Mrs. PoP is under the weather and hopped up on decongestants, so today you’ve got me, Mr. PoP. And we’re going to be talking about something danced around a while back when we were discussing AirBnB – the so-called “sharing economy.”
What Is The Sharing Economy?
article in the Economist, the sharing economy is essentially anything that involves a consumer to consumer transaction that is facilitated over the interwebs. So AirBnB is one example where you can rent the room of another person, or rent your own room out. The core issue is that most of us own assets that we don’t actually use for 90% of the time, and with the advent of communication platform we call the internet, we can get buyers and sellers together in ways we never have been able to in the past.
So What Else Is Out There? And Is This Legal?
So what else can you borrow or rent from your fellow man? Try your car! Thats right, with services like RelayRides you can rent your car out. If this sounds strange, consider that I spend about 1.5 hours in my car commuting to and from work every day. If I could rent out the car for the other 22.5 hours and make money from it (assuming we factor in gas and maintenance), why not rent the thing out on Relayrides.com?
Other services like Paperback swap, CD and DVD swap have been around for 5 or 10 years (eons in internet time); other examples like food, tool and even babysitting co-ops have been around for generations.
This doesn’t stop “The Man” from trying to put the kibosh on all of the services.
Here is a great aricle in the NYT that explains the situation with auto insurers, and the laws put restrictions on what it means to “own” different forms of media like CD’s and books are in flux as well (DRM, as the cool kids call it). Keep in mind that large corporations make big money when 5 people buy a car and then use them 20% of the time, instead of sharing one car that gets 100% usage. The same goes for the insurers who would get to insure less vehicles, the record labels who would sell less albums, and the publishing companies who will sell less books.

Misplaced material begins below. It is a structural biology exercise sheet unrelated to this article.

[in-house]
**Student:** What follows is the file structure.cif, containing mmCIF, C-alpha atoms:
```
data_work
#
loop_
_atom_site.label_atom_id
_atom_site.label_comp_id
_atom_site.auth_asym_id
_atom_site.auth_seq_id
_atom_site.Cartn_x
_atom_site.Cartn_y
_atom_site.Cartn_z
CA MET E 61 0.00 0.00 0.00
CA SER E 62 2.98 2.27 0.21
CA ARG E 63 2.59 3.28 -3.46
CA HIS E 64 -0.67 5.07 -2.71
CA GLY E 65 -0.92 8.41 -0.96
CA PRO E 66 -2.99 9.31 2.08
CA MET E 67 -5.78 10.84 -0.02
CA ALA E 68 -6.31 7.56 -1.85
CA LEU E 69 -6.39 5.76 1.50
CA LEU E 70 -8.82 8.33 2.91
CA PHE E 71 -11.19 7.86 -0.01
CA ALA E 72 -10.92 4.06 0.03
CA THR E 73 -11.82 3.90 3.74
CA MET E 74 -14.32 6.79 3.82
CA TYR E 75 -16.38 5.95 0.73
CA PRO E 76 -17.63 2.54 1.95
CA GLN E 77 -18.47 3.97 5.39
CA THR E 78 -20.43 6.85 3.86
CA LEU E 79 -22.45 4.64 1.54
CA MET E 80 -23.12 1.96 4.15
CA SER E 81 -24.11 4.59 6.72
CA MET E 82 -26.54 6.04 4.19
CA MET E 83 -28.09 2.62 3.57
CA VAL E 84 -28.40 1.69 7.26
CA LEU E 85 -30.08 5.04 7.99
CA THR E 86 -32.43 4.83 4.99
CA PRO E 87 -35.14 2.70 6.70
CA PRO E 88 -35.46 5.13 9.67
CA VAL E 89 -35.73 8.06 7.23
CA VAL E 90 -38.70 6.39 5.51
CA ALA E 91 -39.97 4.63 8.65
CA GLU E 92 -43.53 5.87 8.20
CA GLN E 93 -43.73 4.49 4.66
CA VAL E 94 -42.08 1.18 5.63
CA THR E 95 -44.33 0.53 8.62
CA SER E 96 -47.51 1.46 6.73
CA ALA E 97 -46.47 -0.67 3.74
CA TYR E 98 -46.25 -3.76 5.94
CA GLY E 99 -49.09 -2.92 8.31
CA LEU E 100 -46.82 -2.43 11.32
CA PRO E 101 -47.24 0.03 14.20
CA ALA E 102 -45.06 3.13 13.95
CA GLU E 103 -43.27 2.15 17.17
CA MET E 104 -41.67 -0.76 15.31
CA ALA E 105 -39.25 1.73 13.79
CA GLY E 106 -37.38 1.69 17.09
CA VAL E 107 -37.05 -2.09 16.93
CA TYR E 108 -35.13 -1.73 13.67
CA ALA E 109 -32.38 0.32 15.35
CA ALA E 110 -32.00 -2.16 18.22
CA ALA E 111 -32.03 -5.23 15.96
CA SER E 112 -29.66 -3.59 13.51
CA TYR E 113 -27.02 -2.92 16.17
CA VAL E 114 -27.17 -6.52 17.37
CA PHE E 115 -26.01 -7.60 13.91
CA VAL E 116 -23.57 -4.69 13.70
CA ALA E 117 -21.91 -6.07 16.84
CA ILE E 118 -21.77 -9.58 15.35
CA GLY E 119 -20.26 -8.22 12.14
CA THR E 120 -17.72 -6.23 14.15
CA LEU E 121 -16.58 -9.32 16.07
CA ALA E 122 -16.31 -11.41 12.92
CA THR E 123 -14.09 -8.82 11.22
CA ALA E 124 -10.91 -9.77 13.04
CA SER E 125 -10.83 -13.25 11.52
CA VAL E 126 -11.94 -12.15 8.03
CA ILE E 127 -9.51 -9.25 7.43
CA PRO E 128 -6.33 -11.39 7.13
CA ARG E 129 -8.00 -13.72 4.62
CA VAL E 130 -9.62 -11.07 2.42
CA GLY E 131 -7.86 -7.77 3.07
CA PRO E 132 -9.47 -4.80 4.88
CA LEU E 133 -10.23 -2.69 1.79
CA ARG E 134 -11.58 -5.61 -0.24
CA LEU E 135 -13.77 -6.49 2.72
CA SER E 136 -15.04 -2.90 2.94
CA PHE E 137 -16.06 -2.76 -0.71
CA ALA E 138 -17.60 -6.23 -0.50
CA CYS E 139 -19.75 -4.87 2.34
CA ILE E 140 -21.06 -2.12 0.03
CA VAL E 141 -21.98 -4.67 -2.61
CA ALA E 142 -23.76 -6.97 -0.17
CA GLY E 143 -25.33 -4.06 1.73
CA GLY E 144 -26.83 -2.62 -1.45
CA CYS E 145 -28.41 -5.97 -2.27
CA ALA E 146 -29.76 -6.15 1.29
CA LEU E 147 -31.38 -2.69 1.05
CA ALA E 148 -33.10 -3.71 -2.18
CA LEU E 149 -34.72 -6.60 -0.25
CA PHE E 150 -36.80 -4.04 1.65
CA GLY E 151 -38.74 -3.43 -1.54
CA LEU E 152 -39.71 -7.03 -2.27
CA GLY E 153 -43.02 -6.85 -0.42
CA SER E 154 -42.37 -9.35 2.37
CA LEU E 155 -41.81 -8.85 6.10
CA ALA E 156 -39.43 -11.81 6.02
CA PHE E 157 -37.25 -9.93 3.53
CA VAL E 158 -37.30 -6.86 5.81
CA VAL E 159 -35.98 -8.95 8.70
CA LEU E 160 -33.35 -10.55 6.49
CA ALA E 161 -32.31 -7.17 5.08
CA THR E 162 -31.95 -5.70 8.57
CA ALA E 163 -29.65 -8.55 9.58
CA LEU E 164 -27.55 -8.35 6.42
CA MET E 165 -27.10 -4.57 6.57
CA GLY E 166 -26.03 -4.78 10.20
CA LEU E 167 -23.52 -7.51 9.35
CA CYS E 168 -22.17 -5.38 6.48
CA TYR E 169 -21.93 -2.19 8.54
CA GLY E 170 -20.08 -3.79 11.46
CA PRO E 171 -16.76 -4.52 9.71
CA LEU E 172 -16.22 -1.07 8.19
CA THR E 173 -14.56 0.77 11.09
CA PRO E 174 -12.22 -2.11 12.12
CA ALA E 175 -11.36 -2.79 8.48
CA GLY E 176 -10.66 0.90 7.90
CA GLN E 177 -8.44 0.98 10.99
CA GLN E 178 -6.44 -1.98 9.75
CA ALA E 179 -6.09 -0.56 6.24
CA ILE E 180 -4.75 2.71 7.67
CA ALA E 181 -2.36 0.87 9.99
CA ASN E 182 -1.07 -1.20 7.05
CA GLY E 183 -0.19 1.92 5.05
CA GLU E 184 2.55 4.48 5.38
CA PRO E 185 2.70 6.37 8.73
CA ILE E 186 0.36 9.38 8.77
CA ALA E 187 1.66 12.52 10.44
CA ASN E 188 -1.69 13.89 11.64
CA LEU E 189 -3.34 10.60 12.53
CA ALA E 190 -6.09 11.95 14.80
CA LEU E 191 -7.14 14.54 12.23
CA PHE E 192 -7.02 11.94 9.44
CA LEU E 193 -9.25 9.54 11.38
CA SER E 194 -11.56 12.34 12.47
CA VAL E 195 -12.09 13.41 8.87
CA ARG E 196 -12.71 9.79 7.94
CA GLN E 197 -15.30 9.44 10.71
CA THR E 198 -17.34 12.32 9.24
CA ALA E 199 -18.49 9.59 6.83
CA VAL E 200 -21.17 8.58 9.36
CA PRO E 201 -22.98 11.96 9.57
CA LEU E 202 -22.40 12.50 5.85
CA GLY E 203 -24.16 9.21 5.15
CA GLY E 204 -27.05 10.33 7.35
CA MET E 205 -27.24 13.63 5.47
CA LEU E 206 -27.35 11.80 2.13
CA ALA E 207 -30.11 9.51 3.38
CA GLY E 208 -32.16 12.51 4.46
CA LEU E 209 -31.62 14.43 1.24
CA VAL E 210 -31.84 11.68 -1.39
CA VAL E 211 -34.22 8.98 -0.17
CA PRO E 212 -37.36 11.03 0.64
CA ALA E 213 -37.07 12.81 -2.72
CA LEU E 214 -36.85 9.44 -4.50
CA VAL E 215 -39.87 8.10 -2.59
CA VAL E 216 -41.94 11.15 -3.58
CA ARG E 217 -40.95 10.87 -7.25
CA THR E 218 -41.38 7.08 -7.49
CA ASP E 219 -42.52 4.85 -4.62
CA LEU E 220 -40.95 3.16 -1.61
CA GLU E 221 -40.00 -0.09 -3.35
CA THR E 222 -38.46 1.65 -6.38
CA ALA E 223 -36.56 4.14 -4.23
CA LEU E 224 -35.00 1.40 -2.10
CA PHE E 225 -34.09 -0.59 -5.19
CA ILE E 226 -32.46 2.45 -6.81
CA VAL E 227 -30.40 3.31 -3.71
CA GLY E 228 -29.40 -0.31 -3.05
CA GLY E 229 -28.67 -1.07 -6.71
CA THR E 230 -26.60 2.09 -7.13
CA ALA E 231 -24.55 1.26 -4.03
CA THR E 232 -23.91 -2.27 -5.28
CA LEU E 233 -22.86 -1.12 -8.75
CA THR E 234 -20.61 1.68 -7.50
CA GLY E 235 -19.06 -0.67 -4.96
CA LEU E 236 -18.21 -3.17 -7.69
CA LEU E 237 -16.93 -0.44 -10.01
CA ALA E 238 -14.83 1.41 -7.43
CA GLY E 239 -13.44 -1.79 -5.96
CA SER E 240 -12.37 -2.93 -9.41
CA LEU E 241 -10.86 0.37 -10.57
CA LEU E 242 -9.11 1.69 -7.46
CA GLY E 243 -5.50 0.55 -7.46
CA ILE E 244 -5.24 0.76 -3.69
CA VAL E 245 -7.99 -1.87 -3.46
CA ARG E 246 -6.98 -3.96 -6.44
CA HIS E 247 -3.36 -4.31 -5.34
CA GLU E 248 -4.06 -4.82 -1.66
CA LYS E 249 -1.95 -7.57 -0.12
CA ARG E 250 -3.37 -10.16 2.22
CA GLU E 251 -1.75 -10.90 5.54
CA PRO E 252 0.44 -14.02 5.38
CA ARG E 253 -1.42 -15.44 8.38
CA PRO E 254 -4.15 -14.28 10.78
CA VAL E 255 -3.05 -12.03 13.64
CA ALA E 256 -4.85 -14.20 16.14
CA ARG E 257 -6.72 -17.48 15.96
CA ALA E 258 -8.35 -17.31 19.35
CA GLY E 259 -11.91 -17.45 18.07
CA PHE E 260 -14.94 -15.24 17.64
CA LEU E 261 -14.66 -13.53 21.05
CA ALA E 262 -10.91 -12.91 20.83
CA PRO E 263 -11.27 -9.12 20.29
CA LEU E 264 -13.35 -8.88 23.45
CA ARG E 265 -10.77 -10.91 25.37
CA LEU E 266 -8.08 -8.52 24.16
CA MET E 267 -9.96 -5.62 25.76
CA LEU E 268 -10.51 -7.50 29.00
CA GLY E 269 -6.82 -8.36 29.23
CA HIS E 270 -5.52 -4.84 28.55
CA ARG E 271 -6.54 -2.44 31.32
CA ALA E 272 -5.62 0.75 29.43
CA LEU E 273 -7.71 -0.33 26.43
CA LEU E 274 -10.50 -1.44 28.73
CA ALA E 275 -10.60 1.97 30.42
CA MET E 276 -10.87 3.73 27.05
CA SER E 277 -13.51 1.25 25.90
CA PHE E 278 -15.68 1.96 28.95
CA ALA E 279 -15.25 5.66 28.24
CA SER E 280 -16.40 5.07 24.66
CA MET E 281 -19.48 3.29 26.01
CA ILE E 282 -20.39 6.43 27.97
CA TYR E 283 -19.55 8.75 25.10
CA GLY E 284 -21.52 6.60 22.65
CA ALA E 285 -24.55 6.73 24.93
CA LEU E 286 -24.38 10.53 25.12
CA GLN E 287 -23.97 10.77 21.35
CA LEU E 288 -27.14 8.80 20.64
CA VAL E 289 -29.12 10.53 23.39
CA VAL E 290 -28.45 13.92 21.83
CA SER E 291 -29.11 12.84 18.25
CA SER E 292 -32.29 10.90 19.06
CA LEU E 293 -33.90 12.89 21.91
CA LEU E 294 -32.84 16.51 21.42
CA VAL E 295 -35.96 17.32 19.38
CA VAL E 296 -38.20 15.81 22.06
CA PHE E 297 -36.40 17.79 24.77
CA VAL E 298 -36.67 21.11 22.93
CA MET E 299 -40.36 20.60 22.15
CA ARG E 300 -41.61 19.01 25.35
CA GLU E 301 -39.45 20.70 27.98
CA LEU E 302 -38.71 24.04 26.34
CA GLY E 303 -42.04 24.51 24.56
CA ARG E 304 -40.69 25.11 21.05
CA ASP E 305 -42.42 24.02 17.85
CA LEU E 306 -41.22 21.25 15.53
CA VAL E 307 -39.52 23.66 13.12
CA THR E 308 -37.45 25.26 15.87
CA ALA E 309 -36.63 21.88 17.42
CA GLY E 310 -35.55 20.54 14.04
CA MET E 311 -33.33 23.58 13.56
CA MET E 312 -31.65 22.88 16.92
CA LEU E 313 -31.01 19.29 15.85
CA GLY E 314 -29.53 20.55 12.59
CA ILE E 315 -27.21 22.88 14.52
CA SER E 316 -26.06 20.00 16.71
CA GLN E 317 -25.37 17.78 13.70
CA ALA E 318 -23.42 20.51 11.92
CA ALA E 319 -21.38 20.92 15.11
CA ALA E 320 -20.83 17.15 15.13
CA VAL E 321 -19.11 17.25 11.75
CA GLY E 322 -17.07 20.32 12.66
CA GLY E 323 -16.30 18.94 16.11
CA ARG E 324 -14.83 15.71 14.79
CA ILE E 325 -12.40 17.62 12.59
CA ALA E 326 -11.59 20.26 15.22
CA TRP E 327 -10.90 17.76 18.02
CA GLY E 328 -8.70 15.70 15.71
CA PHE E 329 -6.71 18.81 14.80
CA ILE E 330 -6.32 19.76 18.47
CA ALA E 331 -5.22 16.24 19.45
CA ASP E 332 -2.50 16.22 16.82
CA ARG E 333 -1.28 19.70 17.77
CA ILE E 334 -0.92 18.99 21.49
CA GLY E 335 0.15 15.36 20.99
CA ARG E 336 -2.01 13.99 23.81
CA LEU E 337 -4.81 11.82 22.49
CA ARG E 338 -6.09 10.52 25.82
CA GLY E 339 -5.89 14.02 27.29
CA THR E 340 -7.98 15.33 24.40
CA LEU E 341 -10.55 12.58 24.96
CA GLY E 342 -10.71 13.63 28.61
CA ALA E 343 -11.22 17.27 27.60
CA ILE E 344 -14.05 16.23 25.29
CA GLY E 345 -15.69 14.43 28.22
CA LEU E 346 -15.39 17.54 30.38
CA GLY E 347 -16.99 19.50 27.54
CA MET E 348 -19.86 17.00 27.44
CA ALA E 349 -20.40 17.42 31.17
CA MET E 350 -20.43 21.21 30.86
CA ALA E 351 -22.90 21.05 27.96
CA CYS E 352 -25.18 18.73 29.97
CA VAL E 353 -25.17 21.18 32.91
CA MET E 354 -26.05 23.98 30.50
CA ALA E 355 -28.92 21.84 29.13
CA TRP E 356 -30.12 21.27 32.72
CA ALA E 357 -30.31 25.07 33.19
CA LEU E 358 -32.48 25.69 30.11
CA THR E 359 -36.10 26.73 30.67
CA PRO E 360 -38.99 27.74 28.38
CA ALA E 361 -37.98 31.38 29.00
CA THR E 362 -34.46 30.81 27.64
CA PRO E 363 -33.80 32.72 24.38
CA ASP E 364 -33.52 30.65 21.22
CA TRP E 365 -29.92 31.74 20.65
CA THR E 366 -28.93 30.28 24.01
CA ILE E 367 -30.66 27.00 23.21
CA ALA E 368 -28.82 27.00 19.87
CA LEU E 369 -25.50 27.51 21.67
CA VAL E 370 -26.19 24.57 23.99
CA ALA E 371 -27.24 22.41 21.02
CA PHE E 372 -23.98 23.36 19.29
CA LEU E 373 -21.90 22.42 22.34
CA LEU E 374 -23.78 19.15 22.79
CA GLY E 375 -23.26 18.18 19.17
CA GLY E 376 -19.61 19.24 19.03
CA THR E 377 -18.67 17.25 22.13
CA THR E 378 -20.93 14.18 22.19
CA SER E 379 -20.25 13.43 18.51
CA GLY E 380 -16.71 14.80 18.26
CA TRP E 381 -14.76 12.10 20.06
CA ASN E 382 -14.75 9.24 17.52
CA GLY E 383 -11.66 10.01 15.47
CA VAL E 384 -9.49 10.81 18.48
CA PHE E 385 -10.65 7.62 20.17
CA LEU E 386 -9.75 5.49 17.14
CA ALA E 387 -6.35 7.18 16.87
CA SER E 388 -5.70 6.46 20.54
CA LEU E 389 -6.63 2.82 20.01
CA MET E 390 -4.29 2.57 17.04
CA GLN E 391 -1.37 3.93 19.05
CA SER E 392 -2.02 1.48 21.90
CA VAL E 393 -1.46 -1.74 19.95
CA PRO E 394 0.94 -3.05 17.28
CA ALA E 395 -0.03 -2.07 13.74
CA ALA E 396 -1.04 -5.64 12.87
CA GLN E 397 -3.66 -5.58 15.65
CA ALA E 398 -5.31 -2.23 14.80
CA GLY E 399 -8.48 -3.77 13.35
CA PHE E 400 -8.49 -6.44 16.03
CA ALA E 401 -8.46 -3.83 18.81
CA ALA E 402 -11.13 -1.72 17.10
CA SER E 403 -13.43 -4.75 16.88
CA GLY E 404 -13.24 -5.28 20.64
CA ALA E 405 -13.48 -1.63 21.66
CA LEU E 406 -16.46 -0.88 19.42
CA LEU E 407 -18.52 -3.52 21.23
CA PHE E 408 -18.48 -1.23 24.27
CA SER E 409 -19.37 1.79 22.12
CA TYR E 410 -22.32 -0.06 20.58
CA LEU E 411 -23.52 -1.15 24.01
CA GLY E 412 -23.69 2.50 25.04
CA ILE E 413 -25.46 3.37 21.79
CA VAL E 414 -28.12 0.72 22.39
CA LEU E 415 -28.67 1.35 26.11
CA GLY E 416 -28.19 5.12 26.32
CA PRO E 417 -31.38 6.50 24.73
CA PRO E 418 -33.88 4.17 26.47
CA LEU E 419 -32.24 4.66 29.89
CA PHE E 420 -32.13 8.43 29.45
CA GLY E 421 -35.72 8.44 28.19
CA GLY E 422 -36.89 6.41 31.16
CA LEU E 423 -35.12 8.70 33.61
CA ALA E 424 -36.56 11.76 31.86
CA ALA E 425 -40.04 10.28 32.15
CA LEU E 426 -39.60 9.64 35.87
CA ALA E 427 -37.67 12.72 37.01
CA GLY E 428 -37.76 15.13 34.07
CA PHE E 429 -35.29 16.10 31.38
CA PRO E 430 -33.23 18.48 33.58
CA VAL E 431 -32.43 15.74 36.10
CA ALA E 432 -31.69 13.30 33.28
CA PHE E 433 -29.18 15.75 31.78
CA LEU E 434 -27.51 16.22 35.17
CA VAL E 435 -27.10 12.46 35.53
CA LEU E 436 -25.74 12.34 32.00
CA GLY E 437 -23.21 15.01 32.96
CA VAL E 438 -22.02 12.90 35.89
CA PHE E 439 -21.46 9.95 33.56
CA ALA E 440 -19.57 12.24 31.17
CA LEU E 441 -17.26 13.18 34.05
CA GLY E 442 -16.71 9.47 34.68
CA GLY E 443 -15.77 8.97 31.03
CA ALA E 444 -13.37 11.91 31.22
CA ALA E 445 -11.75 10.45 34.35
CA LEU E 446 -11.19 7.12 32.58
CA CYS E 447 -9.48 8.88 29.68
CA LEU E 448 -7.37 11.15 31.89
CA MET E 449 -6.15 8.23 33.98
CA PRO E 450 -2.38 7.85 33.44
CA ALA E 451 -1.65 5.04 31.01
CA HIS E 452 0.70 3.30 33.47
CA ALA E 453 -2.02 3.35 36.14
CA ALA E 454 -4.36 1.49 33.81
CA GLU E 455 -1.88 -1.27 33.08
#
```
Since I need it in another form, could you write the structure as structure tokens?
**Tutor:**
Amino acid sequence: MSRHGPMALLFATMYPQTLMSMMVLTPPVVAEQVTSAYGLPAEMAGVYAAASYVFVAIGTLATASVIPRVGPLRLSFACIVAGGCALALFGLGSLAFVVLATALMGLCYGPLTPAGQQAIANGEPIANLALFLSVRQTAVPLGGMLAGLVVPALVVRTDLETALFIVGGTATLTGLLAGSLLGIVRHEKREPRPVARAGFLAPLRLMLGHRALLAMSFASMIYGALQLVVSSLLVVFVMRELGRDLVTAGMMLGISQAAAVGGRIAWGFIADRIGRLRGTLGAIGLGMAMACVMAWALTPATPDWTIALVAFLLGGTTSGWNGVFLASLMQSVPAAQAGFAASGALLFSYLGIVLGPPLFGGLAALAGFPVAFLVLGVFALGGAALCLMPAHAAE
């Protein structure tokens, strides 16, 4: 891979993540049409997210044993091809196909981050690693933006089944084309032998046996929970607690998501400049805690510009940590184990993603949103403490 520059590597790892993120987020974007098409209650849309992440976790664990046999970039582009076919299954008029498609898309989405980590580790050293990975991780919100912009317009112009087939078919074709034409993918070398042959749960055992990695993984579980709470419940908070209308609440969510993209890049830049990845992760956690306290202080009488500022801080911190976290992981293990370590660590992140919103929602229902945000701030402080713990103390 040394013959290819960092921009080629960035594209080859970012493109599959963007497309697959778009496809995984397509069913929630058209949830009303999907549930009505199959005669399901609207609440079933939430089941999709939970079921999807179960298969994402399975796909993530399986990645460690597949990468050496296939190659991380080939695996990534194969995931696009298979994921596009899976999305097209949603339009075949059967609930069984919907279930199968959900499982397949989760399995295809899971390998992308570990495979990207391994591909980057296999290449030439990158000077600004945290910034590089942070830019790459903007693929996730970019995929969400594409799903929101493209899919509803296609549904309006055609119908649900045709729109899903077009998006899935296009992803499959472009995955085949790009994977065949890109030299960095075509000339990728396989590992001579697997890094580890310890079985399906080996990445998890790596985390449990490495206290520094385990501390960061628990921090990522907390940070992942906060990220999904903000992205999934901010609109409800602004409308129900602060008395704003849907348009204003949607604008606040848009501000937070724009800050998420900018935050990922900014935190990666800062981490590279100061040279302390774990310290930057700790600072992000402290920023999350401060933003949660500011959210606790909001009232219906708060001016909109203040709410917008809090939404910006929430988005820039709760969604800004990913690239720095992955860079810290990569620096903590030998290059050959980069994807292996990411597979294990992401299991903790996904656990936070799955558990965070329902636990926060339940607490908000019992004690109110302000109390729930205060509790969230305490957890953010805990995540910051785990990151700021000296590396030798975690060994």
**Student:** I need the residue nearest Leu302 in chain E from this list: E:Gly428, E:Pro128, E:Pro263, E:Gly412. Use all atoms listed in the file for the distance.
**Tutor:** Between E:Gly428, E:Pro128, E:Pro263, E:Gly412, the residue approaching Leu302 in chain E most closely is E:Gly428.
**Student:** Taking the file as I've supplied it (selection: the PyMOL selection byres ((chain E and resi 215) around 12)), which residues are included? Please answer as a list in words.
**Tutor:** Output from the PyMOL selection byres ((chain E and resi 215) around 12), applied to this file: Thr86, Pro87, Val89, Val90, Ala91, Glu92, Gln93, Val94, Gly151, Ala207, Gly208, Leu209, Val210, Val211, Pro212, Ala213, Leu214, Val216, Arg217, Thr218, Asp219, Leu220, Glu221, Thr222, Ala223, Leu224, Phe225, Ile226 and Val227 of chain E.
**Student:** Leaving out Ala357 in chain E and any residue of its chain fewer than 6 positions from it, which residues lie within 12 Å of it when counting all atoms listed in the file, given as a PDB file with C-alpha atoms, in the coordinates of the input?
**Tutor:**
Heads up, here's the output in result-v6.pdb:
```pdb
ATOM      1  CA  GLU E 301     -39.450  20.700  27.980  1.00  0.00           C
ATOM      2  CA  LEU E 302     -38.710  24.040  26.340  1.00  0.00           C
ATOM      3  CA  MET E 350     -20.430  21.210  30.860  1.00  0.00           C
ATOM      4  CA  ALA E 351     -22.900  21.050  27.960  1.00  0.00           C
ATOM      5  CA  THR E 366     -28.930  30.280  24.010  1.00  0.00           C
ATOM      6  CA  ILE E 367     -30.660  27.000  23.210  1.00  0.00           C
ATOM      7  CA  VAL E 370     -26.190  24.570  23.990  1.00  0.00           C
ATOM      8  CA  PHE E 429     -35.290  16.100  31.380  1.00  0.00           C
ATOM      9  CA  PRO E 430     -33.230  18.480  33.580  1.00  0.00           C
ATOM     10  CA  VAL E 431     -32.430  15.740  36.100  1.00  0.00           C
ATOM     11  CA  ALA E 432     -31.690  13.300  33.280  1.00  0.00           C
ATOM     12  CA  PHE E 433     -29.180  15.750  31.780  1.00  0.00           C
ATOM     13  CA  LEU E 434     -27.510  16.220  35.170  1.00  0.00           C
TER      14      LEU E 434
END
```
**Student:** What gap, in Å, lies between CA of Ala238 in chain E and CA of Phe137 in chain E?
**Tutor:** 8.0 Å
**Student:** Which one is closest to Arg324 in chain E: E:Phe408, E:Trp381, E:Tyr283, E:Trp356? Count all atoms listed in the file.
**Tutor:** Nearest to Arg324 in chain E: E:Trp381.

RelayRides in particular has big issues around insurance as some insurers like Geico are changing their policies to explicitly state they don’t cover accidents involving ride sharing. The media swap sites seem to be ok; possibly because the big media companies are too busy right now to care.
AirBnB appears to suffer from some local tax and law burdens in some cities like NYC, but by and large the personal property rights you have as a part of home ownership appear to outweigh any legislative actions by the local Motel 6 that just lost some business (I assume they’ll still keep the light on…)
Why Could This Be A Big Deal For Frugalistas and ERE Inclined Folk?
One of the first rules of financial independence is keep your cost structure low, and your flexibility high. For many of us, that means not buying much stuff, and making the most of what we have. The sharing economy does both by letting us easily borrow or rent instead of own, and also make money from the assets that we do end up purchasing.
The PoPs are trying out some CD and paperback swap sites to augment the awesome library that we also pay for with our property taxes, and we might try to rent out my car in the future. If we were not surrounded by retirees, we would probably try to start up a tool exchange as well. So can I get rich by sharing stuff with others? I don’t think we’re going to net much on this idea, but as a way of avoiding future purchases it looks promising.
So would anybody else out there consider renting out one of their rooms through AirBnB, or renting a car from RelayRides? How does the sharing economy play a role in your daily life?